Shared Illness in Murder Cases

Three impending murder trials in Kitsap County involve defendants that have been diagnosed with schizophrenia.

The mental illness can sometimes allow for the defendants to use the insanity defense: that they were legally insane at the time of the crime.

The man suspected of the shooting death of South Kitsap convenience store owner Al Kono in June 2005 has already pleaded innocent by reason of insanity. The trial of Wayne Hower, 44, is set to begin April 12, reported prosecuting attorney Kelly Montgommery of the case.

Park Deitz, a nationally-known expert witness — especially in insanity cases — was hired by the prosecution, and concluded recently that Hower was in control of his actions, despite his illness, because he “willingly” ceased taking his medications.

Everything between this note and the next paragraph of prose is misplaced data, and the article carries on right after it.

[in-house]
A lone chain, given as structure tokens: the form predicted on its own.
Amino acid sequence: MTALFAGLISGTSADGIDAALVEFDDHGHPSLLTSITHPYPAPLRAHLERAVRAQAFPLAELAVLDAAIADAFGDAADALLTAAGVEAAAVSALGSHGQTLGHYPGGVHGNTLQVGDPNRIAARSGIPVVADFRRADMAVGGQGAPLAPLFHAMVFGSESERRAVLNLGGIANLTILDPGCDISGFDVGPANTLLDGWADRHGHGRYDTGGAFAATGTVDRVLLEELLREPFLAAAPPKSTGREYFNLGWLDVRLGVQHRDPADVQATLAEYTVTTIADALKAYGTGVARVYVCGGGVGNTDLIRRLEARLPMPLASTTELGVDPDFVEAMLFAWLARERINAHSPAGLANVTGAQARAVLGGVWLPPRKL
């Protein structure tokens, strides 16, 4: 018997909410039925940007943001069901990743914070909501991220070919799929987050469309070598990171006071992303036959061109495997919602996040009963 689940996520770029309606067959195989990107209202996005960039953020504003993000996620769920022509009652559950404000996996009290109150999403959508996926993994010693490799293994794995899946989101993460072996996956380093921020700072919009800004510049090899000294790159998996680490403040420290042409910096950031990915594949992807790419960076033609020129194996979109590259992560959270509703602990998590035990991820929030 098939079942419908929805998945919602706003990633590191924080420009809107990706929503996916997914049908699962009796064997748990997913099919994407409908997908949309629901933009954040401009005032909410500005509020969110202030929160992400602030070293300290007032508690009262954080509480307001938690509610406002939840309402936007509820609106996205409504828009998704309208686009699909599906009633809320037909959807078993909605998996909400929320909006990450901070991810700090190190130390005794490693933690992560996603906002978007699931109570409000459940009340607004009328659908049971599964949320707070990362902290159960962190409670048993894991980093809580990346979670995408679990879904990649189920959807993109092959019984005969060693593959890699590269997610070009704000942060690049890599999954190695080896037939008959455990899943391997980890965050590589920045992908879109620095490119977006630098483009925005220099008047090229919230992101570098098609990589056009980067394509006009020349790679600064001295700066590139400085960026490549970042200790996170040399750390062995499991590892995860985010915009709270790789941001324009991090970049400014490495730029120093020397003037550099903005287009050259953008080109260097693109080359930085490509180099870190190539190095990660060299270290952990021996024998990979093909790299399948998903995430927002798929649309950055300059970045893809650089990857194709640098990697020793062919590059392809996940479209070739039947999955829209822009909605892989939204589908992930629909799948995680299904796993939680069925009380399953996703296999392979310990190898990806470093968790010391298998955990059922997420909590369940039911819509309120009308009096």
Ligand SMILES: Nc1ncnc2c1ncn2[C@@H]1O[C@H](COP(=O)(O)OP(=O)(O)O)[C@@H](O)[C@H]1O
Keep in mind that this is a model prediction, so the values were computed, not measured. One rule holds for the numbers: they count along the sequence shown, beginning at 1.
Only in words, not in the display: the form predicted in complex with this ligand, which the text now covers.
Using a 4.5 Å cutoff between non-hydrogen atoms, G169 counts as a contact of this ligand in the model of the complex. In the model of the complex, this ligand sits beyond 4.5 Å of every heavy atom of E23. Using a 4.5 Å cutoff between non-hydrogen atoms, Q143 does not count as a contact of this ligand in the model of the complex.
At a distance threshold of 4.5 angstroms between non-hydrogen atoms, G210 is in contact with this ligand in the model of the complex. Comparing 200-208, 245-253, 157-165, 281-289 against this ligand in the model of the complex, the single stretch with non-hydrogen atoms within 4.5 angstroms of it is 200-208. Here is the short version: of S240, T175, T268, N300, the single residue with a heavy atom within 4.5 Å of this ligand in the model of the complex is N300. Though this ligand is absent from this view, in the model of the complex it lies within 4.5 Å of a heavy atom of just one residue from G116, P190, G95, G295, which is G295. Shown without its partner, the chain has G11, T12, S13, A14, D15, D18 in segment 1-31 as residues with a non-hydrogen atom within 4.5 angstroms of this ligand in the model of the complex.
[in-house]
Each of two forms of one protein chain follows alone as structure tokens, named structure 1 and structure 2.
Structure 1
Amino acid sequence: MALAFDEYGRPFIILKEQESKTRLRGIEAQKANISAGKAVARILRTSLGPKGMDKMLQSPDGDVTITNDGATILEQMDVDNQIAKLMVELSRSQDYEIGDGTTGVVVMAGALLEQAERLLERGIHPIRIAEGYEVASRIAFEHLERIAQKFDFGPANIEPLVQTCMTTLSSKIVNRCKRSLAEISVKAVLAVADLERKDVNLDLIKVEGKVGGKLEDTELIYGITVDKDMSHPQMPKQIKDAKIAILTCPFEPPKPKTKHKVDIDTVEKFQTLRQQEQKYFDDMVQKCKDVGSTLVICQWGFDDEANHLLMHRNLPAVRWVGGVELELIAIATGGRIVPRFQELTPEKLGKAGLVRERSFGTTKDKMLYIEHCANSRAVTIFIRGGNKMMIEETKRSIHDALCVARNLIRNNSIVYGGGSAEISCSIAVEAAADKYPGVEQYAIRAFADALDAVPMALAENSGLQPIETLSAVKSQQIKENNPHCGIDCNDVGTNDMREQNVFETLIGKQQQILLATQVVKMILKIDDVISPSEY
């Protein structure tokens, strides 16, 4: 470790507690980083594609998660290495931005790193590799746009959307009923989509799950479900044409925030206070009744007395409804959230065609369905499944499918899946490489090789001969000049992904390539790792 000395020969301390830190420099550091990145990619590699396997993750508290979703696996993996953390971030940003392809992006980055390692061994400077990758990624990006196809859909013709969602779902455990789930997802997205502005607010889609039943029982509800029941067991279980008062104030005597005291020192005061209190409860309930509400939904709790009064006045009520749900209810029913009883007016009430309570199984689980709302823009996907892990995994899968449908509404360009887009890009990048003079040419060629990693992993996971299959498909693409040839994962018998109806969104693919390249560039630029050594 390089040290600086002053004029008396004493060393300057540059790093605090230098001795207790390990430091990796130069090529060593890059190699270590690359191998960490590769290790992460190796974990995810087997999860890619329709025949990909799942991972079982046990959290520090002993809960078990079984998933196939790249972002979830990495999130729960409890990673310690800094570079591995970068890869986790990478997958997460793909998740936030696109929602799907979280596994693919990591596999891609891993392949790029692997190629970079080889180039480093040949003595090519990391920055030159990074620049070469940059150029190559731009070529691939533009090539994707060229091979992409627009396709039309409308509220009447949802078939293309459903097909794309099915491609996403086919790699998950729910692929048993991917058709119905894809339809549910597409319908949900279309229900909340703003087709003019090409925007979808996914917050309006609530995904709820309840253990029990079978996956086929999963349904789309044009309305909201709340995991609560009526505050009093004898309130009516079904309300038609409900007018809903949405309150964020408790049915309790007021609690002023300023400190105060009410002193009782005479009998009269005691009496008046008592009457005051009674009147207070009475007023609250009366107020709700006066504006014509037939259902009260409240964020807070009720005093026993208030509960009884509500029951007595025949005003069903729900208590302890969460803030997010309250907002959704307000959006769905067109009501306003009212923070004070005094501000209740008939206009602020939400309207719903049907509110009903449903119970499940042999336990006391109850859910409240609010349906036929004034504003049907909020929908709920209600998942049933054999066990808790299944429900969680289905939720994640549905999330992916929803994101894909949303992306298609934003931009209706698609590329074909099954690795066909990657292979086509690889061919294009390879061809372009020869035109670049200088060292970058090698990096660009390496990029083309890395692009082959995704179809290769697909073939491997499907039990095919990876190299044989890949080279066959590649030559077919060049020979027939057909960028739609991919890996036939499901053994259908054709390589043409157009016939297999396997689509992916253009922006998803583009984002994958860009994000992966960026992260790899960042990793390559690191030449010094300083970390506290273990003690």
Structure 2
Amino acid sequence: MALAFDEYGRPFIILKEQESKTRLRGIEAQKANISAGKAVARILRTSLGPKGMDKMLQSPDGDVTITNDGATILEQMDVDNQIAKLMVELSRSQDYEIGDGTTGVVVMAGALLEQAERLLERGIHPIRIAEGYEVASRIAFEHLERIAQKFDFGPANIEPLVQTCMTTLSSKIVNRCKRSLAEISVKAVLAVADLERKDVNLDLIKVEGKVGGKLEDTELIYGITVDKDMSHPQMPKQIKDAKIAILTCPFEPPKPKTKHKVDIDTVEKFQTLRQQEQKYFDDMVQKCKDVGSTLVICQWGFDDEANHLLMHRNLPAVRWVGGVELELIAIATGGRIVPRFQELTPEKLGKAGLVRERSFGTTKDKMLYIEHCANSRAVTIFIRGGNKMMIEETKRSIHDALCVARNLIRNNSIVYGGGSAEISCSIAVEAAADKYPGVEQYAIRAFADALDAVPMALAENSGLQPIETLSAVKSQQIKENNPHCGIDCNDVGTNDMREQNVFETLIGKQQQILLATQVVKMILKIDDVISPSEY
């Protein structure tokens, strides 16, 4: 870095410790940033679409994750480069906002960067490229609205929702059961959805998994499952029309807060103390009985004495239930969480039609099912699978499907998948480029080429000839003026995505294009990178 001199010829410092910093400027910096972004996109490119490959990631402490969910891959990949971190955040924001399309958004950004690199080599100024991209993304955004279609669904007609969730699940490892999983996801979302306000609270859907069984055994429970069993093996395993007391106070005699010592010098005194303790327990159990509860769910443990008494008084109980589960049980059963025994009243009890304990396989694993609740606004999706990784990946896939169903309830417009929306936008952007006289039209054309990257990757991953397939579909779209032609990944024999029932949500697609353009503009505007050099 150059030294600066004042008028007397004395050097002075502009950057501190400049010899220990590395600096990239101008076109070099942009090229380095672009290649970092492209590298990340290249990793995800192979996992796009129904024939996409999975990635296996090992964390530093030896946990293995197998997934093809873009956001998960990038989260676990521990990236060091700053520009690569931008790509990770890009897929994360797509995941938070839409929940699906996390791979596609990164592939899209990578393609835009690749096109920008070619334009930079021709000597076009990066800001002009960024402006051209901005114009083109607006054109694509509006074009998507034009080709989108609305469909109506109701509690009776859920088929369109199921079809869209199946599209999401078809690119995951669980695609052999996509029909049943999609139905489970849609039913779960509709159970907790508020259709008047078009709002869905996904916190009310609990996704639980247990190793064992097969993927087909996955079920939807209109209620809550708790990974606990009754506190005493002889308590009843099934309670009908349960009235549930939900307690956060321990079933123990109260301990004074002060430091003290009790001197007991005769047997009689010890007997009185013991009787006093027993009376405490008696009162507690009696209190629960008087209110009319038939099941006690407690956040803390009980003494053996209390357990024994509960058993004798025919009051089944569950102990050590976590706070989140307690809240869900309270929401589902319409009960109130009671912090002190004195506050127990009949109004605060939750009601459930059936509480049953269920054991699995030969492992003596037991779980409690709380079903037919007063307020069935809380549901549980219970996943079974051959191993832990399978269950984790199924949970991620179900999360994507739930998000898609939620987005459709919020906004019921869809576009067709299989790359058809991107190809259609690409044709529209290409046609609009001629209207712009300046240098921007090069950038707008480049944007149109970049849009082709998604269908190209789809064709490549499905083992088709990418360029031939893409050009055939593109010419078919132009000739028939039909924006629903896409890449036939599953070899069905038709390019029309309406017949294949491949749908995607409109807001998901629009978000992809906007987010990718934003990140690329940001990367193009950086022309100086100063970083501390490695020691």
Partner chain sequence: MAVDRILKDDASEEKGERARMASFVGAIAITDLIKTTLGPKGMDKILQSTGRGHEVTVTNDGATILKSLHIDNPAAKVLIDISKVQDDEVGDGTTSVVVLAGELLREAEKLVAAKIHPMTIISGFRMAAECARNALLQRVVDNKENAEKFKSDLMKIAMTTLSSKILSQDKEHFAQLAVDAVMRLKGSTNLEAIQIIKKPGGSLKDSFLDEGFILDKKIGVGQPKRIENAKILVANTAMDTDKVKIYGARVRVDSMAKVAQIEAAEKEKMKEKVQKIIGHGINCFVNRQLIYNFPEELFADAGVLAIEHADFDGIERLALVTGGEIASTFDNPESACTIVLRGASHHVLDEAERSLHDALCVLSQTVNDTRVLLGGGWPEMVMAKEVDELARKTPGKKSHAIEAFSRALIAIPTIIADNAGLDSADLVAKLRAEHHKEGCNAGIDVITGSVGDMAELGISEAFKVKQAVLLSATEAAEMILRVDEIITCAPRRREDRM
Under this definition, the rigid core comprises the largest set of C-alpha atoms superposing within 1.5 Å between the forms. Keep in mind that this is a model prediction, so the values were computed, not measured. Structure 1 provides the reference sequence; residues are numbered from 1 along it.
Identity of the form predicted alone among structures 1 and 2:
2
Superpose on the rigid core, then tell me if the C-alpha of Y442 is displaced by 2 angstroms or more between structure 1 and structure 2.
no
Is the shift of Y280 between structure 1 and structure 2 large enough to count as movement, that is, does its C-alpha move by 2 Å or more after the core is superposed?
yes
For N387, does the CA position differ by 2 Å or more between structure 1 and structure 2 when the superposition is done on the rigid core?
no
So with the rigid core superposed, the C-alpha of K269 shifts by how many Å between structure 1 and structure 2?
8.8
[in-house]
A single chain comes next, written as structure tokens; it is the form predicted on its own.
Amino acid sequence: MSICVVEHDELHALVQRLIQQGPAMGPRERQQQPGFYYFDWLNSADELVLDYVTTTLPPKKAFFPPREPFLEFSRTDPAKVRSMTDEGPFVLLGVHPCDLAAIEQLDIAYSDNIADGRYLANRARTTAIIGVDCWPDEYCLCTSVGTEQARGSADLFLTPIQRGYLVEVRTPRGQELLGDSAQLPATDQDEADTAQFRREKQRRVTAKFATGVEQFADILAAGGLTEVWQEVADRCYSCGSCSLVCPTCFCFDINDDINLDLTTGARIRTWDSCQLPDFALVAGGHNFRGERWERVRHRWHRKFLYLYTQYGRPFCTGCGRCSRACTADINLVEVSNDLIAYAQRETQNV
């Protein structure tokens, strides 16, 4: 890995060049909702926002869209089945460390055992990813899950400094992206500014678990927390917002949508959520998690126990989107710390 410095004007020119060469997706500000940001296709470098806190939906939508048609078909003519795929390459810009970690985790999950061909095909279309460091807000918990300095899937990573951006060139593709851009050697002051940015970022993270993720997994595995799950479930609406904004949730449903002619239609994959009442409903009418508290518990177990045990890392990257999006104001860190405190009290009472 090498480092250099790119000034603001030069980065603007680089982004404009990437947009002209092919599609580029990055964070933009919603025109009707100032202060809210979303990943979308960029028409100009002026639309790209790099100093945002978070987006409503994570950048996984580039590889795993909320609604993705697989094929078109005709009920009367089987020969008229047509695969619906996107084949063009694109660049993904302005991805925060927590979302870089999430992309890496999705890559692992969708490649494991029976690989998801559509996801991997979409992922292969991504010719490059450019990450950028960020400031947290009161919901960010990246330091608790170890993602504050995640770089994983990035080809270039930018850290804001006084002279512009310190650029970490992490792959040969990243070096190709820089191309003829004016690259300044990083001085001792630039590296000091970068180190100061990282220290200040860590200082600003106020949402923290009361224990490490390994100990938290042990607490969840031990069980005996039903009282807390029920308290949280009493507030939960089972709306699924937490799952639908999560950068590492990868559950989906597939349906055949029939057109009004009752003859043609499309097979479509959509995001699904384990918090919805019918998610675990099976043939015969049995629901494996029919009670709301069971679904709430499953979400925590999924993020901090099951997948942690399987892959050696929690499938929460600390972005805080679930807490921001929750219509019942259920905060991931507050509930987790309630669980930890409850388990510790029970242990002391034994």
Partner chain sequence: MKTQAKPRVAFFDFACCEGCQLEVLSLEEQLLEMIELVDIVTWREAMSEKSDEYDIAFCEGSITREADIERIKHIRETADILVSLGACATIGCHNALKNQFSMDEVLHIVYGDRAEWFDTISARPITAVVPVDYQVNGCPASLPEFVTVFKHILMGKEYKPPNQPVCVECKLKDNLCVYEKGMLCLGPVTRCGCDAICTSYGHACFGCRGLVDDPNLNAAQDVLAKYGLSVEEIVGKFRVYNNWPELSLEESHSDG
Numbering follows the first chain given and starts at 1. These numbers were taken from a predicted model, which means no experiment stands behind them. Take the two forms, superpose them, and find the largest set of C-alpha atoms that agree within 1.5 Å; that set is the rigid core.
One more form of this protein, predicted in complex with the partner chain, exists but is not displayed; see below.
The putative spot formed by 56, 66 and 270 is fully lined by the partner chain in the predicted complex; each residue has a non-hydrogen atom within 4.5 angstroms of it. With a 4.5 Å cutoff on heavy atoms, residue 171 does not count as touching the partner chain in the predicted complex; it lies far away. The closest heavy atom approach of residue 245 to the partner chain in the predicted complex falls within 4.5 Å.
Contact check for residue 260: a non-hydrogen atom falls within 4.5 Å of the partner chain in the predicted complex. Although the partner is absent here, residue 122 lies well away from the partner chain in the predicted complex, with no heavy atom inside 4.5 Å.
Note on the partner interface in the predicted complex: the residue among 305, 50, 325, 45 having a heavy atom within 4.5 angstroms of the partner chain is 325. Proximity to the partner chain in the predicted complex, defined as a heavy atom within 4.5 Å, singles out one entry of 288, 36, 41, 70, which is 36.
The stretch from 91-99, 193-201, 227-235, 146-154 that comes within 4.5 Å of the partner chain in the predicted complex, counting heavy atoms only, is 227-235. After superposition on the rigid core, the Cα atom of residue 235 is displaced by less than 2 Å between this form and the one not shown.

Larry William Clark, 33, too, is said to have gone off medications designed to treat his schizophrenia. Clark is charged with the Poulsbo-area stabbing death of social worker Marty Smith in November.

Right now, Clark is undergoing a 90-day “competency restoration” at Western State Hospital in Steilacoom that could make him mentally able to understand the charges against him.

Meanwhile, Western State Hospital doctors declared in October that Joseph D. Guendulain, 73, also diagnosed as schizophrenic, is able to stand trial in the murder of Christine Rose at her McCormick Woods home in April 1996.

Guendulain had been at Western State for almost 10 years when doctors declared him fit to stand trial.

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